My Roles As a Mother and Brain Health Advocate Are Intertwined
By Erin Cordry, Beck’s mom
I’m in a unique position to talk about brain health discoveries because they have been essential for each of my sons. A pioneering brain cancer research trial saved Max’s life when he was 8, and new understanding around treating mental health issues has been essential for Beck.
When Beck was 4, he grew overly anxious and worried excessively; at 6, he refused to eat anything with even a trace of sugar in it. As time went on, he became fixated on germs. He washed his hands so vigorously that they literally bled. We grew more and more concerned.
After years of searching, Beck was diagnosed at age 9 with attention deficit hyperactivity disorder (ADHD) and obsessive-compulsive disorder (OCD). Dr. Geoffrey Wiegand, the former head of the Obsessive-Compulsive Disorder Clinic at Seattle Children’s, basically saved our lives when he prescribed a combination of exposure therapy and medication that began to make a difference.
But Beck’s experience brought home stark realities around barriers to access for mental health care. As an example, we saw Dr. Wiegand in private practice because his hospital clinic caseload was full ‒ clearly not an option for many families due to financial and other constraints. The staff at Seattle Children’s is outstanding, and we need to find ways to provide this high-quality mental health care for all kids.
Beck is now 17 and still has to manage obstacles, but they don’t define him. In the summers he enjoys all types of water sports and spends his winters ski racing down mountains all over the Pacific Northwest.
Speaking up for Brain Health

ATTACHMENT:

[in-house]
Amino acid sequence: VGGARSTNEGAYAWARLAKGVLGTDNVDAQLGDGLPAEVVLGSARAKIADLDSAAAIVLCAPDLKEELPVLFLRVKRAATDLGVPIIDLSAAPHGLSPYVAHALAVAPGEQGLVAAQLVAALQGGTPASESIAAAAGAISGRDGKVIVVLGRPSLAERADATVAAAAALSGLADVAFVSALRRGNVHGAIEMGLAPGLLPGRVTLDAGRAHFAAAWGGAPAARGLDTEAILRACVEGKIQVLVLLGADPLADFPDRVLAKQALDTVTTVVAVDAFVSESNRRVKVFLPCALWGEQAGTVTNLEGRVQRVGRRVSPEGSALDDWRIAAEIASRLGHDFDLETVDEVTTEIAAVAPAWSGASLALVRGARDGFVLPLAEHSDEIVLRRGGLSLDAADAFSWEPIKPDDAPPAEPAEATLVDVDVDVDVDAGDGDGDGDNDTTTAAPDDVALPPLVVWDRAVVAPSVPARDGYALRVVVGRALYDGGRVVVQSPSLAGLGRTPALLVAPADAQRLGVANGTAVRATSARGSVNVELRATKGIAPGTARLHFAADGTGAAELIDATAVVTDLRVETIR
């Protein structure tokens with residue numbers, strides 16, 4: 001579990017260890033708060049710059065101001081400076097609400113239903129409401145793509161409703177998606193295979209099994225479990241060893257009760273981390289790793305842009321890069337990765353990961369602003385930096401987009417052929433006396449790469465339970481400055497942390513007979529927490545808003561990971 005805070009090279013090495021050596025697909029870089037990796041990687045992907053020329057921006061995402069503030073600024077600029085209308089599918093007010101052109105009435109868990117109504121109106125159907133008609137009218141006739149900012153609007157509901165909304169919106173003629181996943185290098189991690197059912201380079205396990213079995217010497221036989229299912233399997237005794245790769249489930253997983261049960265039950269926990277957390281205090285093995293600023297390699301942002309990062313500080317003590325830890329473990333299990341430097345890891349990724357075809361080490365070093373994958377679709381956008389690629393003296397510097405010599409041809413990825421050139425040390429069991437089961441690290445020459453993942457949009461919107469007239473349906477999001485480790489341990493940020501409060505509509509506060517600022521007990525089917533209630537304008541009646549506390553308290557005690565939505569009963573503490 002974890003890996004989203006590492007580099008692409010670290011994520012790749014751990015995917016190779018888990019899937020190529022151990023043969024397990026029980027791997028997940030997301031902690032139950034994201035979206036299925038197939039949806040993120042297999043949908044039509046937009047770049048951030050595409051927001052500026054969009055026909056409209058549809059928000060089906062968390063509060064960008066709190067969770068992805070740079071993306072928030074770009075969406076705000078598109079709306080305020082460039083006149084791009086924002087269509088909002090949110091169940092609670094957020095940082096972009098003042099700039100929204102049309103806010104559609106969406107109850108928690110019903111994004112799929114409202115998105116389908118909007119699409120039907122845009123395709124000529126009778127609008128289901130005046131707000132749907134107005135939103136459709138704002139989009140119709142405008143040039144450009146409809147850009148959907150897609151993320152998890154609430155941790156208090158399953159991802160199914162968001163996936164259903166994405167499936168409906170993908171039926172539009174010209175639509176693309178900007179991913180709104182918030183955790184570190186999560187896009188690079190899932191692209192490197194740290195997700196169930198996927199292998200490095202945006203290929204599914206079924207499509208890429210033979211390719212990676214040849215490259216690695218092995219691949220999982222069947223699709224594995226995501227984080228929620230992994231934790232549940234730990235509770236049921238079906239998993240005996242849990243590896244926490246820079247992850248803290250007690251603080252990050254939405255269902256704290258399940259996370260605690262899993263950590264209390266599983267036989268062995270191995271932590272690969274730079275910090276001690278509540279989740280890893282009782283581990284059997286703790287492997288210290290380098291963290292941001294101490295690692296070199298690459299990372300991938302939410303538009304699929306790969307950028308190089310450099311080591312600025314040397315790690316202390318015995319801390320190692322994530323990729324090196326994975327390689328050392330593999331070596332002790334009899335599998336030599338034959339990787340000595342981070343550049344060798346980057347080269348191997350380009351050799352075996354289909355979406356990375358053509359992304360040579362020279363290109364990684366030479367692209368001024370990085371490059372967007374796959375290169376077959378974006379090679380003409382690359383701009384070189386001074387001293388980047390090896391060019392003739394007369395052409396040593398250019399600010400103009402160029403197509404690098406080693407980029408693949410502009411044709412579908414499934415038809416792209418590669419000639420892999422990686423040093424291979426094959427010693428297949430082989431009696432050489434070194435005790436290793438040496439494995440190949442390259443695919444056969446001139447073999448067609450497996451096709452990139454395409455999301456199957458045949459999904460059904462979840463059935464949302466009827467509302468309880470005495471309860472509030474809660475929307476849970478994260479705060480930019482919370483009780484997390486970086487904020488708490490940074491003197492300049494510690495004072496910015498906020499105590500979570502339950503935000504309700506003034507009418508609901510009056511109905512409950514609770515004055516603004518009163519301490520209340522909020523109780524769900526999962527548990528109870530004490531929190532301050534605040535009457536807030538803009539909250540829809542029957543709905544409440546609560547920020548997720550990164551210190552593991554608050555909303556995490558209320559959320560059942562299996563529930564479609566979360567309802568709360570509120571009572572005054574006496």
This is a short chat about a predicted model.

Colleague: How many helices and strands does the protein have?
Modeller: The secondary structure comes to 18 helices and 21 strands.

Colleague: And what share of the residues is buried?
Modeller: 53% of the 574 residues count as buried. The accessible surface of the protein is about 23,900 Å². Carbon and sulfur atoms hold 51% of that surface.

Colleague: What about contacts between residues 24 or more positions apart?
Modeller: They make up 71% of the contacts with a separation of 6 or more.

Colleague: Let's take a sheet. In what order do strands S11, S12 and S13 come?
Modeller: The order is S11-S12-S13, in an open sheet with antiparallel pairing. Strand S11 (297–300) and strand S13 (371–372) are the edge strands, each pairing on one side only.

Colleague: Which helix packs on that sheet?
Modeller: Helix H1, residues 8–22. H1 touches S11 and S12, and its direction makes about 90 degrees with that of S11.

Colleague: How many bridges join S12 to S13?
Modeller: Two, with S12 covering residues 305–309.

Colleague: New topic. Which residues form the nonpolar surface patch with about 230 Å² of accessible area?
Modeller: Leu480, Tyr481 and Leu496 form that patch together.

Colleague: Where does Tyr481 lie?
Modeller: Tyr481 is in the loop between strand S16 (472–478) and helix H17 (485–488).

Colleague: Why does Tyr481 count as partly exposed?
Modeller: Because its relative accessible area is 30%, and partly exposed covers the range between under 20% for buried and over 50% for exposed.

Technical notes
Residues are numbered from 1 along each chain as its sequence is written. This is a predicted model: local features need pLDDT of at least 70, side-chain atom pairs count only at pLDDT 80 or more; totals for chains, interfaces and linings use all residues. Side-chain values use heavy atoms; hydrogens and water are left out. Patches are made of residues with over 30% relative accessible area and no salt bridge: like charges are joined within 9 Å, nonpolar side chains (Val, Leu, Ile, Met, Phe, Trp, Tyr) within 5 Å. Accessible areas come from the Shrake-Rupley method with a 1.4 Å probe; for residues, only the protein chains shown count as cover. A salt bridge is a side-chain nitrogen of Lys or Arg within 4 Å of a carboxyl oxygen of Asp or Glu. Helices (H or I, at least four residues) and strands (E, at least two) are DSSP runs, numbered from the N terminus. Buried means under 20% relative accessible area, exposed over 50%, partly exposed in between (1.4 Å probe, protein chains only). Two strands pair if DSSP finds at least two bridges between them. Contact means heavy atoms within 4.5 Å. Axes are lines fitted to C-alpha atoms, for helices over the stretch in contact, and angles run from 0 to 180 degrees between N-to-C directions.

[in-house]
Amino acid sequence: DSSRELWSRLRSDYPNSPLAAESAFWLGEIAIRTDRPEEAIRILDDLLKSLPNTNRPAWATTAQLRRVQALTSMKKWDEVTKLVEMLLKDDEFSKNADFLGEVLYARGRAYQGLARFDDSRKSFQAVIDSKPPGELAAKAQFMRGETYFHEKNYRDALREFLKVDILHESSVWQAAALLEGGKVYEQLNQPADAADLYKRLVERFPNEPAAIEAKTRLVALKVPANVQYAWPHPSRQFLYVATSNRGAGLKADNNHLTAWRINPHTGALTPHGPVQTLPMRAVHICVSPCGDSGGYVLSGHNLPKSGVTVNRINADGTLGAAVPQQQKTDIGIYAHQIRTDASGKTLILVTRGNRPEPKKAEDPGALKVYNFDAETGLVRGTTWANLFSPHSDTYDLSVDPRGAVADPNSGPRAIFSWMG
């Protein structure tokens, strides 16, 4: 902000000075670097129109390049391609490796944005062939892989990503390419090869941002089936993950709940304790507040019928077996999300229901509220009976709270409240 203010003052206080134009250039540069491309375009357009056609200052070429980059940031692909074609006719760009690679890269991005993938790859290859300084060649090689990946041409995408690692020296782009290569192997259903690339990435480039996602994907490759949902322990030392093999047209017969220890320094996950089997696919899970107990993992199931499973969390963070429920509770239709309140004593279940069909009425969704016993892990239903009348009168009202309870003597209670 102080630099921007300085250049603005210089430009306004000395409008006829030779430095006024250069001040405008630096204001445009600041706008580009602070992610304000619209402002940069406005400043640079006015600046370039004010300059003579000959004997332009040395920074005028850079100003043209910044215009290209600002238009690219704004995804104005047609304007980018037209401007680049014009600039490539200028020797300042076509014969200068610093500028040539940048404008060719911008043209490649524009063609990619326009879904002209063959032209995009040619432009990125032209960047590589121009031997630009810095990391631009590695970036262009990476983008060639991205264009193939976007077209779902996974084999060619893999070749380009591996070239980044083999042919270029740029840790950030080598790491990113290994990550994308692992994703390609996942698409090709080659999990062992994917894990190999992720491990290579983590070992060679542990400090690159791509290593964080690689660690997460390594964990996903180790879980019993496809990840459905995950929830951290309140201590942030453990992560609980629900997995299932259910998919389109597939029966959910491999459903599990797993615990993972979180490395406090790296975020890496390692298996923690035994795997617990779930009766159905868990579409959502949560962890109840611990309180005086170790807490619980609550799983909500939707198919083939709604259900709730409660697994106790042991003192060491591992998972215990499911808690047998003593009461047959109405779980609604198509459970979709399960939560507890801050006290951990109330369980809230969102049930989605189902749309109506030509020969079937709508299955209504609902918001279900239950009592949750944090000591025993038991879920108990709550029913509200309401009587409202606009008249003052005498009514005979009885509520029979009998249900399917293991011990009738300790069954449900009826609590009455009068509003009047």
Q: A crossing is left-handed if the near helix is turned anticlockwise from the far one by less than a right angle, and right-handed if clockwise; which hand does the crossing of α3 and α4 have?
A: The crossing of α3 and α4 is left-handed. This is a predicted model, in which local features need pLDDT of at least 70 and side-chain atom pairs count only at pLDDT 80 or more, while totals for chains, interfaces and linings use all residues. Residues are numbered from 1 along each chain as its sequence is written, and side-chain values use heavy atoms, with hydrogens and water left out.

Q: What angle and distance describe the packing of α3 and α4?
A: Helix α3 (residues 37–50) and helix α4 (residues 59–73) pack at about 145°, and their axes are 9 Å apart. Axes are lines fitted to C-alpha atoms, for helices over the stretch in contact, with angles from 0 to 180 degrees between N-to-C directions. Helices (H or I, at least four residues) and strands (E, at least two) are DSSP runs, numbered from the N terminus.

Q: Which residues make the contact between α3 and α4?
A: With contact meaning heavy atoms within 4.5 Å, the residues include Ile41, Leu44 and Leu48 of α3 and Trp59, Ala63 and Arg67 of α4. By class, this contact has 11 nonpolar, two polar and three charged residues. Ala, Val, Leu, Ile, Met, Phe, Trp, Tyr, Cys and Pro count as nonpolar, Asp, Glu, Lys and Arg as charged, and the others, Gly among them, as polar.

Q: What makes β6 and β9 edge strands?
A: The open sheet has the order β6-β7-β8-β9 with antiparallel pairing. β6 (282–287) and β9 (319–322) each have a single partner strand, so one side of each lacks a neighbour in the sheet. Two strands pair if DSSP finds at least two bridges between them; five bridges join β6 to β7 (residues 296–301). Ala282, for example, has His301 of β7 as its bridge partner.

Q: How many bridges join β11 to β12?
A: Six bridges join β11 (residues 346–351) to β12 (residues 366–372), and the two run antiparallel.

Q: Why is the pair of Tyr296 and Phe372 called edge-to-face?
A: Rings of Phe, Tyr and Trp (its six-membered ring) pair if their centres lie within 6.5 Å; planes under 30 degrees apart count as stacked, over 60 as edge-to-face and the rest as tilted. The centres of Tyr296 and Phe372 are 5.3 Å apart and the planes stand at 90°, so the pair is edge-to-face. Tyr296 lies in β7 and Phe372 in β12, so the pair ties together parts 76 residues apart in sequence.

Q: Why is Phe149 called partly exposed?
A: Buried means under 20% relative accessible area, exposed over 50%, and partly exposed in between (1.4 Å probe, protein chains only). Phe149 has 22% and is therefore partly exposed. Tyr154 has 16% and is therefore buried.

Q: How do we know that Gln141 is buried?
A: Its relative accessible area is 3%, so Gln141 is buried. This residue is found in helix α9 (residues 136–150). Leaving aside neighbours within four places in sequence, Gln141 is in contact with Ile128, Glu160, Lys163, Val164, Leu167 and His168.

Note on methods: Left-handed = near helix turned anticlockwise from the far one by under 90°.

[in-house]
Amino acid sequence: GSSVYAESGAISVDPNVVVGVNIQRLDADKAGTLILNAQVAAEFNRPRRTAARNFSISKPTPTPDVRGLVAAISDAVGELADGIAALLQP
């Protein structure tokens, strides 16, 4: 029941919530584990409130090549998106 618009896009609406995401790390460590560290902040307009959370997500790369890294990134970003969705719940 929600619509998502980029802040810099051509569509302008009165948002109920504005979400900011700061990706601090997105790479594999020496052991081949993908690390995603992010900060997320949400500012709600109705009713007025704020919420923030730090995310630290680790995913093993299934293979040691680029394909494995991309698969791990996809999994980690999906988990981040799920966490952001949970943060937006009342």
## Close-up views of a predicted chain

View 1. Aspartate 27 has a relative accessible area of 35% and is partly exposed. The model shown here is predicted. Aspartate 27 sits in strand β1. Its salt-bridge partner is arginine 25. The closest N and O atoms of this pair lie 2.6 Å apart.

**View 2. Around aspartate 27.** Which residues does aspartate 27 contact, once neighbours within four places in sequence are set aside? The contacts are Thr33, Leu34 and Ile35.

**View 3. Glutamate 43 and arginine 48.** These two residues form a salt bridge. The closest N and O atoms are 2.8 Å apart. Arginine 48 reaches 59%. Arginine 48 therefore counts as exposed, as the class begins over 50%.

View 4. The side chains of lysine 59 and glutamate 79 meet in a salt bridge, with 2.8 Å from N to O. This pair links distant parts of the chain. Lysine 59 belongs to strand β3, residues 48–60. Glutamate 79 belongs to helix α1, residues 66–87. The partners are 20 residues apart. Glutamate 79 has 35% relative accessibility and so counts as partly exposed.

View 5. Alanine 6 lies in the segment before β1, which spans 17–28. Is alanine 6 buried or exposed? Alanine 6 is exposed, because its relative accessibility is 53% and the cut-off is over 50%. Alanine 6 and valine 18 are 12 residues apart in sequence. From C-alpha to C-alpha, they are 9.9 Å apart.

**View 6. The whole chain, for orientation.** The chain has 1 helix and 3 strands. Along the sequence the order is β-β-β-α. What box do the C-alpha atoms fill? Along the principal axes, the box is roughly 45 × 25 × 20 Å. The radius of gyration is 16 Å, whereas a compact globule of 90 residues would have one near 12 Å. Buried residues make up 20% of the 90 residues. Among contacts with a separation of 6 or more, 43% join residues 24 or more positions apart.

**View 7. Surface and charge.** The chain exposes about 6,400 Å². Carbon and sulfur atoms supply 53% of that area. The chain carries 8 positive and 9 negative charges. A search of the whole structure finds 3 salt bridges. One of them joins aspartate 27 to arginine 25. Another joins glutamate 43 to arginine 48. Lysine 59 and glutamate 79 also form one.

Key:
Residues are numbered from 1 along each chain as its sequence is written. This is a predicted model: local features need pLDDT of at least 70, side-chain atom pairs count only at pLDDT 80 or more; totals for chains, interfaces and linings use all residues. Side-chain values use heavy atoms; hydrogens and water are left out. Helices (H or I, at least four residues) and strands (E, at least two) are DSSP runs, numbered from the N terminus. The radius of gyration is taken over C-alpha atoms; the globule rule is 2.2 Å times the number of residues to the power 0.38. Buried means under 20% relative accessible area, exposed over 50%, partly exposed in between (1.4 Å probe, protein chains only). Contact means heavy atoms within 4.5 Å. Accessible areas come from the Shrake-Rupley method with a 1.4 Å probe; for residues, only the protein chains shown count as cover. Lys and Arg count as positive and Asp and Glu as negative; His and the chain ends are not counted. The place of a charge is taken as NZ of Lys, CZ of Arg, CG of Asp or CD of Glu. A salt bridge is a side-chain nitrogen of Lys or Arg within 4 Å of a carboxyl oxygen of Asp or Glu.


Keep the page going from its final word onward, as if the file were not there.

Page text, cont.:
Any family who has a child facing mental health challenges knows that it’s a hard road marked with misunderstandings and sometimes even critical judgment. The social stigma around these conditions can be overwhelming. For many people, if they can’t see the problem, they can’t understand it. You’d never ask a child with a broken leg to stop being lazy and get up and play football, yet this is how many kids with ADHD, OCD and other mental health issues are treated every day. Did you know that by age 12, a child with ADHD will hear 20,000 negative comments about themselves?
When your child is diagnosed with a neurological condition, generally the current approach is to treat the symptoms and behaviors. The doctors at Seattle Children’s are focused on detecting and treating the root causes of illness for each individual child — a personalized medicine approach. This is groundbreaking!
Our Community Can Help
Seattle Children’s focus on brain and mental health offers hope to kids around the world, and we can lead this revolution. We are on the brink of a new era of understanding around how brain disorders are connected to each other and to brain development. We can only move this forward with the support of philanthropy.
We have an amazing team of doctors ready to take this to the next level, and I know that, thanks to our generous community, we can make it happen!